The first iPhone 5 reviews have lifted, confirming the leaked Geekbench data we saw in our earlier post. Apple's A6 appears to feature two custom ARM cores running at up to 1GHz. A new datapoint comes courtesy of our own Brian Klug who's currently visiting LG in Seoul, South Korea. He ran into Vincent Nguyen of Slashgear fame, who kindly let him run SunSpider 0.9.1 on Vincent's iPhone 5 review sample. The score? 914.7ms.

SunSpider is quickly outlasting its welcome as a smartphone benchmark, but it does do a great job of highlighting issues with the Cortex A9's memory interface. Intel originally hinted at issues in the A9's memory interface as being why Atom was able to so easily outperform other ARM based SoCs in SunSpider. As we surmised in our A6 Geekbench post, it looks like Apple specifically targeted improvements in the memory subsystem when designing the A6's CPU cores. The result is the fastest SunSpider test we've ever recorded on a smartphone - faster even than Intel's Atom Z2460.

This doesn't tell us much about the A6's architecture other than it's likely got a better cache/memory interface than ARM's Cortex A9. What we really need is for someone to port SPECint to iOS...

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  • lowlymarine - Wednesday, September 19, 2012 - link

    So that got mangled somehow. Here's the link again: http://www.anandtech.com/show/3794/the-iphone-4-re...

    My kingdom for an edit button.
    Reply
  • bill4 - Wednesday, September 19, 2012 - link

    "The iPhone 4's score has clearly been updated for new versions of iOS, as at launch http://www.anandtech.com/show/3794/the-iphone-4-re... scored over 10,000. Why shouldn't Android devices receive the same treatment? "

    The media/Anandtech's incredible pro Apple bias shows through LOL.

    Kind of reminds me of all those sites that bench AMD cards with old driver but use newest for Nvidia.
    Reply
  • EnzoFX - Wednesday, September 19, 2012 - link

    No, you're just out of touch. Grow up. Reply
  • Zink - Wednesday, September 19, 2012 - link

    The iPhone 4 is still widely sold and ships with iOS 6 installed. Most people with the phone will update to iOS 6 as well. The real number most people will see on their phone is is actually faster than shown here, about 2950. Reply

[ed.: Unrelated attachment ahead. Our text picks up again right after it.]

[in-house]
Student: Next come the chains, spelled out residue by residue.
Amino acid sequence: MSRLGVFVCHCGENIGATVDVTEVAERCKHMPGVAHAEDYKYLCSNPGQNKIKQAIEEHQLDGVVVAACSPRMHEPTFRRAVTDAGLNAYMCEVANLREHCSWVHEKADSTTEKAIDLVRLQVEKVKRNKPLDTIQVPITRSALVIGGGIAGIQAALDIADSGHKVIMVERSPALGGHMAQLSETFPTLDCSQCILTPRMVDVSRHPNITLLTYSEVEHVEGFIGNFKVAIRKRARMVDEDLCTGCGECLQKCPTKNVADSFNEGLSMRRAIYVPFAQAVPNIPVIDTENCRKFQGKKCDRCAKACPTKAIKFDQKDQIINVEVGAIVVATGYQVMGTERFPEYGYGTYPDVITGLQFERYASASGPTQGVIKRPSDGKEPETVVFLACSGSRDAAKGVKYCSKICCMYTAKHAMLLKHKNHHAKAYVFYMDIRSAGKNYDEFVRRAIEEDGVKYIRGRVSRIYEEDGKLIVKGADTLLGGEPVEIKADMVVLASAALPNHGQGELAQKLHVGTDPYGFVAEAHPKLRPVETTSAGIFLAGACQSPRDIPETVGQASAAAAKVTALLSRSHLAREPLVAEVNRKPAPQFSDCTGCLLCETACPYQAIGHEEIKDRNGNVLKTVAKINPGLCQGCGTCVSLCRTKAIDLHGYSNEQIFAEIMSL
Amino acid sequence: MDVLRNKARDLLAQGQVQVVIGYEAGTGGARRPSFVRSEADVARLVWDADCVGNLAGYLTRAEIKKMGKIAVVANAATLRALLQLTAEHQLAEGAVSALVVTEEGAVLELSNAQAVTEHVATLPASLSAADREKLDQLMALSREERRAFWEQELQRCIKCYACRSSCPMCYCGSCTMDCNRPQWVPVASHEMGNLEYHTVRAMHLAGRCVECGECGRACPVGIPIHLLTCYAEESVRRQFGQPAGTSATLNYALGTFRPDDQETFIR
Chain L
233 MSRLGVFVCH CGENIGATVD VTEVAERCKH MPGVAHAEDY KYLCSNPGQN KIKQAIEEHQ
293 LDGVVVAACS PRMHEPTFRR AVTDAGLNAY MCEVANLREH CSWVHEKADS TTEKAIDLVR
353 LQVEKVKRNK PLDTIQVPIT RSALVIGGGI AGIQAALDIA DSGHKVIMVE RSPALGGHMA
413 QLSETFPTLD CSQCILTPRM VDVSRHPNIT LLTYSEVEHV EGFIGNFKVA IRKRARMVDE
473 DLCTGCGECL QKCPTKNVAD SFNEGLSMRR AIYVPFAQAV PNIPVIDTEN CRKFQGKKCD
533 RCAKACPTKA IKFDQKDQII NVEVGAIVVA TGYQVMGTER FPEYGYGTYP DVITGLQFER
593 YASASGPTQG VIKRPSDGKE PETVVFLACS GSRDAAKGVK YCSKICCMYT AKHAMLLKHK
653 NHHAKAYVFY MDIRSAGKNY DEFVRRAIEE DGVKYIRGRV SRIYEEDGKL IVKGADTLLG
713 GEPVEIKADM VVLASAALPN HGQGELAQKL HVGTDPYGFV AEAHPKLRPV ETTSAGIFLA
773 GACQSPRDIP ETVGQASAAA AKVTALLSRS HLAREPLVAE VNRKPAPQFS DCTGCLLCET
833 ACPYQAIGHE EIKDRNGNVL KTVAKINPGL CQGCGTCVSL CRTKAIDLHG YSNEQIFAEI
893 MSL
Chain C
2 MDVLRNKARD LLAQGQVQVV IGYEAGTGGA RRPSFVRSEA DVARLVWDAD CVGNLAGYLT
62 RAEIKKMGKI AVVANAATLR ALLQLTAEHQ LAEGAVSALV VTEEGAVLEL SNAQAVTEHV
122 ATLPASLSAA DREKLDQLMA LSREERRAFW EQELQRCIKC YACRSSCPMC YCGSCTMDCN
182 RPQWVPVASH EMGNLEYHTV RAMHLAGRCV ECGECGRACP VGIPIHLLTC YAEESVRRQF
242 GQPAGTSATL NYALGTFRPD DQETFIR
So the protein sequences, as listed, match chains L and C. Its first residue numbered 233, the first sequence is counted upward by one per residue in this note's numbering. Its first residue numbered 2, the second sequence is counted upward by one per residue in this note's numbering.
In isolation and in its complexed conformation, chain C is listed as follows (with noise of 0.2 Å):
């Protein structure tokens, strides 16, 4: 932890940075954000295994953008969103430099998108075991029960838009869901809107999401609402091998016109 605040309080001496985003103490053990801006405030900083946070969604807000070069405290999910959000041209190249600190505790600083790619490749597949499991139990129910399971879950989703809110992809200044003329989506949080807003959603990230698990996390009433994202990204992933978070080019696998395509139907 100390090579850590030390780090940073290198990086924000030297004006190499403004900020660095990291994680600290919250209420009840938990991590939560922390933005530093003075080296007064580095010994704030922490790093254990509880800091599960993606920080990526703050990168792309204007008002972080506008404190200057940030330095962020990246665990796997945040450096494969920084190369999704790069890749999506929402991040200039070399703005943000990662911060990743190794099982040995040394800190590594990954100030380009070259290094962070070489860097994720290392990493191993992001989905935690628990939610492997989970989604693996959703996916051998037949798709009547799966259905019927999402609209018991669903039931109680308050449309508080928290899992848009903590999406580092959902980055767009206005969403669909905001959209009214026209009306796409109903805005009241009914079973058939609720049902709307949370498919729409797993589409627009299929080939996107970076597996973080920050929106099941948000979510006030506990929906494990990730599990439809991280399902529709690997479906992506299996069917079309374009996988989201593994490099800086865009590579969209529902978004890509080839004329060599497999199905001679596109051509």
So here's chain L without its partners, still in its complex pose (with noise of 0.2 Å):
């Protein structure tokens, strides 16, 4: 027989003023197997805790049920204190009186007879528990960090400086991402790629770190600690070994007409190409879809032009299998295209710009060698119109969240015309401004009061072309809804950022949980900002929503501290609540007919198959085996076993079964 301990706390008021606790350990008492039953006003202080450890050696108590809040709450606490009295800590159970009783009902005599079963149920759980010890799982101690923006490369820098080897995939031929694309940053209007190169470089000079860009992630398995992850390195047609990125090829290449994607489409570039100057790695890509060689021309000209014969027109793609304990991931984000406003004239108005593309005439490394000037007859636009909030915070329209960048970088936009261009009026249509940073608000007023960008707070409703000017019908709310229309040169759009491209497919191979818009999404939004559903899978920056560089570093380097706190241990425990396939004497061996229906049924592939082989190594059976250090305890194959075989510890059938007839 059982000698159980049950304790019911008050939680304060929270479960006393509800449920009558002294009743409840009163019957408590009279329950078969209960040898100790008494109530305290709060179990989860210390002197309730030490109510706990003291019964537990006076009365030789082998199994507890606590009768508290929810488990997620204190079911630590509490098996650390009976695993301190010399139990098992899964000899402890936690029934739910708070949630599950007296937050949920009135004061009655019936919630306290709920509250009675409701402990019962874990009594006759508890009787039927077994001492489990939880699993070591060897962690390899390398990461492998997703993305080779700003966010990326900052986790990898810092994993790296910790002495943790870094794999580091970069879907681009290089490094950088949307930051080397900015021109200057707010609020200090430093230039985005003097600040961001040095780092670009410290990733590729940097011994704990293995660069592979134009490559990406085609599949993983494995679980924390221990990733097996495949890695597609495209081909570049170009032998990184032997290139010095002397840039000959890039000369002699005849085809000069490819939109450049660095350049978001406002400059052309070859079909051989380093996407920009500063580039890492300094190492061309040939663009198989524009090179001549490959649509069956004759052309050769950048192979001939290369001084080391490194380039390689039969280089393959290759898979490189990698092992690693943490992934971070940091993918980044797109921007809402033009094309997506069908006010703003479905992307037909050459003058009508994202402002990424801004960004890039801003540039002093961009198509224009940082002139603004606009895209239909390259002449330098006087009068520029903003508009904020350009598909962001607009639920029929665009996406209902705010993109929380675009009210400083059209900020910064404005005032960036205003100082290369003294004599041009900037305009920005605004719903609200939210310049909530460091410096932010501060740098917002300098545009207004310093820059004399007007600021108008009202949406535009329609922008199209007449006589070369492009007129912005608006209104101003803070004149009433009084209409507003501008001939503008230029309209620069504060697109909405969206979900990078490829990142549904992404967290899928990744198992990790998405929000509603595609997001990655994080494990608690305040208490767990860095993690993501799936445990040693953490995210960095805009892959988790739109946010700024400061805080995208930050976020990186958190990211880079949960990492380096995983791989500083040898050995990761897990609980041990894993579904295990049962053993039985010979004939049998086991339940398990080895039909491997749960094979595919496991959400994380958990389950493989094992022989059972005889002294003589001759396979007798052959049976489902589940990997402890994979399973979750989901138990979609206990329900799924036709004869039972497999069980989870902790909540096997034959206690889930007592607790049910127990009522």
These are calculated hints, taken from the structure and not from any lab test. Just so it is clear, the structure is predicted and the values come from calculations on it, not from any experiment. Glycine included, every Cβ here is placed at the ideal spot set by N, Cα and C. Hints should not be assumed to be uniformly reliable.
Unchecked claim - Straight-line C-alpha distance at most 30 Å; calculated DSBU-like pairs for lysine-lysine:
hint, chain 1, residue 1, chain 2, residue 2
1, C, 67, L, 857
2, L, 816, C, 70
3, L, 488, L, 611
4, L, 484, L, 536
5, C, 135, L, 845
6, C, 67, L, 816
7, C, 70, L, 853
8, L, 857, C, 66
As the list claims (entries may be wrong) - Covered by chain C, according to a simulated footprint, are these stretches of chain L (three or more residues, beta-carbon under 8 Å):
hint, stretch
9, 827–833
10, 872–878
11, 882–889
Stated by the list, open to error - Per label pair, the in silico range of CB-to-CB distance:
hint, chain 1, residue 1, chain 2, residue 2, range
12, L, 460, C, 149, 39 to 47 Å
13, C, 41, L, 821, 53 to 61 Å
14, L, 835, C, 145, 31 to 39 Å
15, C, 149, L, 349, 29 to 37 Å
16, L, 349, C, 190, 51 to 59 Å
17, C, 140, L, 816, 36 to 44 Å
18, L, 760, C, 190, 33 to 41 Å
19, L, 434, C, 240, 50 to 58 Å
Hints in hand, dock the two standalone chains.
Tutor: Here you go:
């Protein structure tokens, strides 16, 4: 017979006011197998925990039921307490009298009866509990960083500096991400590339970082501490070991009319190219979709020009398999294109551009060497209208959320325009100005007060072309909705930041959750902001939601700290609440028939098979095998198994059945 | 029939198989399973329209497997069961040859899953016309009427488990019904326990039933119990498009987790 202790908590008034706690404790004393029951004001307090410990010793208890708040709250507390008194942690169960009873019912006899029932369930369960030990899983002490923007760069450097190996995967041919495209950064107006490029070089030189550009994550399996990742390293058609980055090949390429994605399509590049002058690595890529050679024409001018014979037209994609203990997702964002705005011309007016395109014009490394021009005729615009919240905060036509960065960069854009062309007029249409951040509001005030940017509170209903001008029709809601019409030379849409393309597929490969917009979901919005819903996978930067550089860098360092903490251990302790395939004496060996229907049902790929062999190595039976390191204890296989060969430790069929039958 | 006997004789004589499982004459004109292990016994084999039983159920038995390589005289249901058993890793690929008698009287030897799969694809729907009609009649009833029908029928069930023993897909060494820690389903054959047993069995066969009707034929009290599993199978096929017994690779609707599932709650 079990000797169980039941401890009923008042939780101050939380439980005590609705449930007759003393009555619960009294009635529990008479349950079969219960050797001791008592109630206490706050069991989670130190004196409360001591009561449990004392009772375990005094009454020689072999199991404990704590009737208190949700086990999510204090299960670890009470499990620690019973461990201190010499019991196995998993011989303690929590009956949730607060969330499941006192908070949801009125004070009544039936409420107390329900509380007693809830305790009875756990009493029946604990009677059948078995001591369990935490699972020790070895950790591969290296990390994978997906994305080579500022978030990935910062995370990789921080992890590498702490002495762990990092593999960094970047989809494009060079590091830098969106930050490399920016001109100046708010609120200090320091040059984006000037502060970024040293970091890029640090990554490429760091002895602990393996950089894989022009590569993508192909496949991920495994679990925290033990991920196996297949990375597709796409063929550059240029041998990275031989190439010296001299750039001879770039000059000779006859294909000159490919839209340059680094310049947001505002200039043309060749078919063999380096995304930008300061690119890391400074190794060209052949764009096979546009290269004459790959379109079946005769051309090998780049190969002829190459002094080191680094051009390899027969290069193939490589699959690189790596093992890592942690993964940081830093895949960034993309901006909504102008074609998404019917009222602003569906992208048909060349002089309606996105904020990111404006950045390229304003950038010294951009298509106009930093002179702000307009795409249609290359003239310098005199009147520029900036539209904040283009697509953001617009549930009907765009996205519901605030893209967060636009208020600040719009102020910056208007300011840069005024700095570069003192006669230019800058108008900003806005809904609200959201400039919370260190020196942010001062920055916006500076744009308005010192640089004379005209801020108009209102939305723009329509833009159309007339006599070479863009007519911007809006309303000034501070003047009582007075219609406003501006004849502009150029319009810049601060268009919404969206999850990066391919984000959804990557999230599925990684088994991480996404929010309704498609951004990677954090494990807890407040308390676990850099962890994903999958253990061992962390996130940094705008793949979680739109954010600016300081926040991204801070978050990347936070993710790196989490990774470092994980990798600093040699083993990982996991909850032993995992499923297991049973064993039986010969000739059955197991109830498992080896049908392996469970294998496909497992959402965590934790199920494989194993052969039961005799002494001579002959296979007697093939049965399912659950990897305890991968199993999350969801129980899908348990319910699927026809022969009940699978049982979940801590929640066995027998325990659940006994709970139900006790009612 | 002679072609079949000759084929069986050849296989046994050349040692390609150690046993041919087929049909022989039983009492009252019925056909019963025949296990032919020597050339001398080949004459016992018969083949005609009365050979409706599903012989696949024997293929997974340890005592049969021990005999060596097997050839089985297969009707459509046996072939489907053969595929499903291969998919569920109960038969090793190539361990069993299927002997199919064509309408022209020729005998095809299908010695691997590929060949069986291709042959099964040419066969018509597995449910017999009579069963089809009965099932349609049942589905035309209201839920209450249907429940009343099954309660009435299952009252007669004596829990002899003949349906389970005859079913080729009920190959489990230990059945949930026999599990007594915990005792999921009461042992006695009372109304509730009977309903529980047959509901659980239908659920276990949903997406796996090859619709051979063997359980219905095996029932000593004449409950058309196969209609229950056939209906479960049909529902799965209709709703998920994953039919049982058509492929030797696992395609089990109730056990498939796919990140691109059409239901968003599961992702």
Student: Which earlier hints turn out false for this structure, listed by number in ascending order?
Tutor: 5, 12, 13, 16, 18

• serversurfer - Wednesday, September 19, 2012 - link

    That's actually a pretty good point. Not only are Apple good about pushing out updates to existing users, they're also good about putting the current OS on the device whenever they box one up.

    Do Android manufacturers do the same? If v3.4 is current when the device is ready for market, in six months will they ship them instead with v4.0? Or even v3.6 or v3.5.2? Or do you need to update immediately upon opening the box?
    Reply
  • ssj4Gogeta - Thursday, September 20, 2012 - link

    I know that at least Samsung do ship with the latest version for their phones. Galaxy S2 (international) received ICS updates and the S2's in the market now come preinstalled with ICS. Reply
  • tipoo - Wednesday, September 19, 2012 - link

    The iPhone results are on the latest final OS they can run, and sometimes they go back and update Android scores for the bigger releases. It's not high priority since it's an old phone now, but I'd like them to update the NS to ICS too, since that's an official release for it. Reply
  • serversurfer - Wednesday, September 19, 2012 - link

    Also, by leaving the stock score on the chart, it allows you to come back years later and say, "Nice, JB cut my score in half!!" ;) Reply
  • ssj4Gogeta - Thursday, September 20, 2012 - link

    Maybe they should make the graph interactive where next to the phone you can select the software version. Reply
  • Steelbom - Wednesday, September 19, 2012 - link

    Fantastic!

    But... run GLBenchmark too!
    Reply

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